Circadian Lighting Goes Residential

Filed in Business Management, Technology by on September 10, 2018 0 Comments

Home in Scotland lit from outsideYep, lighting can be an incredible aesthetic addition to a build. LED lighting offers much more than just efficiency — it can bend and twist, becoming an architectural element.

But there’s another aspect of lighting that’s gaining traction: the notion of “human-centric” lighting that adds to the wellness of a building’s occupants. It’s a concept that’s been used by a growing number of business spaces to provide a better environment for employees. Now, it’s being adopted in residential applications, too.

Here’s a striking example of how lighting fills the roles of both beauty and benefit: The home pictured above is a vacation destination quite close to the legendary St. Andrews’ golf course in Scotland. It’s owned by a family in the United States who visits the property frequently — which means jet lag is often an issue.

While the home was being built, the family consulted a UK-based firm called The Pyramid Group. The Pyramid team, using a custom set of drivers from Control4, integrated a hybrid set of DMX and DALI luminaires throughout the building that were linked to an astronomical clock.

The result? Lighting that not only accentuates the lines and spaces of this custom build, but also mimics natural sunlight on the cloudiest of Scottish afternoons.

lit staircaseThis lighting scheme is in tune with the circadian rhythms of its human owners, and helps re-regulate the residents’ internal, natural clocks, even after they’ve crossed an ocean and multiple time zones.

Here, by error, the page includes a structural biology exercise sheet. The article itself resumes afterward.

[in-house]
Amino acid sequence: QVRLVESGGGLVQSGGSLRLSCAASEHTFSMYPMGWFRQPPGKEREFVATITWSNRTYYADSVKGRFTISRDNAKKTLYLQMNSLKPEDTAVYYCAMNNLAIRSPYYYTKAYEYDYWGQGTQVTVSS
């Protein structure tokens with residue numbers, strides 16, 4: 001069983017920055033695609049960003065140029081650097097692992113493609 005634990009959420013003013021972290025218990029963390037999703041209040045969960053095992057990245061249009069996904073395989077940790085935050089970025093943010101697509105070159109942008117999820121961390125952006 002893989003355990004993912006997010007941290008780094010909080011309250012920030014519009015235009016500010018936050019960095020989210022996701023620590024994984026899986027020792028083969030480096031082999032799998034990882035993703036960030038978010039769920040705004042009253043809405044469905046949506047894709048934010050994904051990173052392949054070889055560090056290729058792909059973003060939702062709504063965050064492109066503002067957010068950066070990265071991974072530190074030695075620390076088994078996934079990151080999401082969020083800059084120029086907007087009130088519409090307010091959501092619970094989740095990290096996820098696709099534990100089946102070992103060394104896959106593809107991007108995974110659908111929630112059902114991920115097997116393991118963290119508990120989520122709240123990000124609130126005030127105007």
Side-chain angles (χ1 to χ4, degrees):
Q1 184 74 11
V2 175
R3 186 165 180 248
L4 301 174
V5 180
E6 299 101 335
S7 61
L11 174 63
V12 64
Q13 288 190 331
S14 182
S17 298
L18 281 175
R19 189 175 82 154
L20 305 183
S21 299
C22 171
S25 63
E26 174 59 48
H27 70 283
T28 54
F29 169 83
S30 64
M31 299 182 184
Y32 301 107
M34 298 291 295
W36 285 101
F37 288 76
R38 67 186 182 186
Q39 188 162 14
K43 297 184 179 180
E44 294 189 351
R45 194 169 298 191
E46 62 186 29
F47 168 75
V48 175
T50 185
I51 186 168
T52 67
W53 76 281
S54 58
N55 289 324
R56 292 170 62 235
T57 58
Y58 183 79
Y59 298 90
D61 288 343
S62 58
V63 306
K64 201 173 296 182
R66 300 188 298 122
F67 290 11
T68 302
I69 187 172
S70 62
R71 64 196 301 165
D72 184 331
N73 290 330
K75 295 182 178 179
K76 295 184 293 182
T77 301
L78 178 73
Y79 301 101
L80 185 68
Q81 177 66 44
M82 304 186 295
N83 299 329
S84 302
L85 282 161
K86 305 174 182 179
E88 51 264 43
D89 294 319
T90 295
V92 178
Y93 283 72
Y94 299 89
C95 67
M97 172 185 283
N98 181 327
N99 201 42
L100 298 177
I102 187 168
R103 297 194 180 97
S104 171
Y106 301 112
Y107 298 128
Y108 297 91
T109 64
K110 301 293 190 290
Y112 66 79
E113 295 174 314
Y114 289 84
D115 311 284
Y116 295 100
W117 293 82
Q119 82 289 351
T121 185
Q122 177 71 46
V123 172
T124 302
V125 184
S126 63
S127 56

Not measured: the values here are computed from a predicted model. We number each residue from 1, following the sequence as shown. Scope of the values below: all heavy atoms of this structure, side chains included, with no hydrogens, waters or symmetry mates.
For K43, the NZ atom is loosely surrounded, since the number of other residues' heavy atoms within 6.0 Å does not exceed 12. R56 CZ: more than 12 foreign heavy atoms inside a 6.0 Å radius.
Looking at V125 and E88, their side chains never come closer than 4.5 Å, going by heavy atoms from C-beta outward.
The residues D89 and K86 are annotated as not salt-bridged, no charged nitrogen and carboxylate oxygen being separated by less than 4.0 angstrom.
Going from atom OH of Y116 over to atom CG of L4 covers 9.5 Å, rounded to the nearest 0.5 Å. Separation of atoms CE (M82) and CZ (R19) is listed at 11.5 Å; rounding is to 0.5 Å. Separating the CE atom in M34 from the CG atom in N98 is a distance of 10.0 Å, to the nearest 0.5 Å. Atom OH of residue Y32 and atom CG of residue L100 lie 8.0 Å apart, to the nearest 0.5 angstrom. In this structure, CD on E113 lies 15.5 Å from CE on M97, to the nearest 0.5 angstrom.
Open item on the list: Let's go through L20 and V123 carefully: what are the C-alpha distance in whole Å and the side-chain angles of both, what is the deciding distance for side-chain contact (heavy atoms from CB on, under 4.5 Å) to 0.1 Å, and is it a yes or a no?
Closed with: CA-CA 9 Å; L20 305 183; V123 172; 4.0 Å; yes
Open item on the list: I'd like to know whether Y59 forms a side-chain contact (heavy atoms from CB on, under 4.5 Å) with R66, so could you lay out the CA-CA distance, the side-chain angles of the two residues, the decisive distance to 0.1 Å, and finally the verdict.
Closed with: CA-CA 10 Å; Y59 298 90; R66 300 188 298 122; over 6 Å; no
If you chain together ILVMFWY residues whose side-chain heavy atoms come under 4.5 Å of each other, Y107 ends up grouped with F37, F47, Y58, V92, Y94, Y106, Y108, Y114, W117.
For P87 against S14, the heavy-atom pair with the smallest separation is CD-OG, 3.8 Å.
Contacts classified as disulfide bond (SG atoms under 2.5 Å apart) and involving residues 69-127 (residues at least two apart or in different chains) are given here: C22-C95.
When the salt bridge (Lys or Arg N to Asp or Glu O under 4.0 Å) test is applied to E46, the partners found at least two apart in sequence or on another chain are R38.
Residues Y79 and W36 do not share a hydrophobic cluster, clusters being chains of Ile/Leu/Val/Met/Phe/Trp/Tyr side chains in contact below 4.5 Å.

The automated lighting system in this building is only part of what The Pyramid Group brought to the table during the two and half years this home’s systems went from blueprints to bio-rhythmic reality.

The home also boasts multiple zones of distributed audio and video, climate control, blinds and curtains, lighting, discrete video monitoring and door access, a remote HD “wildlife” camera to glimpse the fauna on the Scottish shoreline, and gate and door security controls.

The control systems include an easy-to operate user interface that also gives the owner a remote monitoring feature so that the family can check in on their vacation estate from their home in the States.

But it’s the lighting in this luxury build that really grabs the headlines. And although the solution’s part of a high-end home, the technology exists for more modest budgets.

This NAHBNow guest post is from Ed Wenck, content marketing manager for CEDIA, the industry association where you can find local professionals who design and integrate technology for the connected home.

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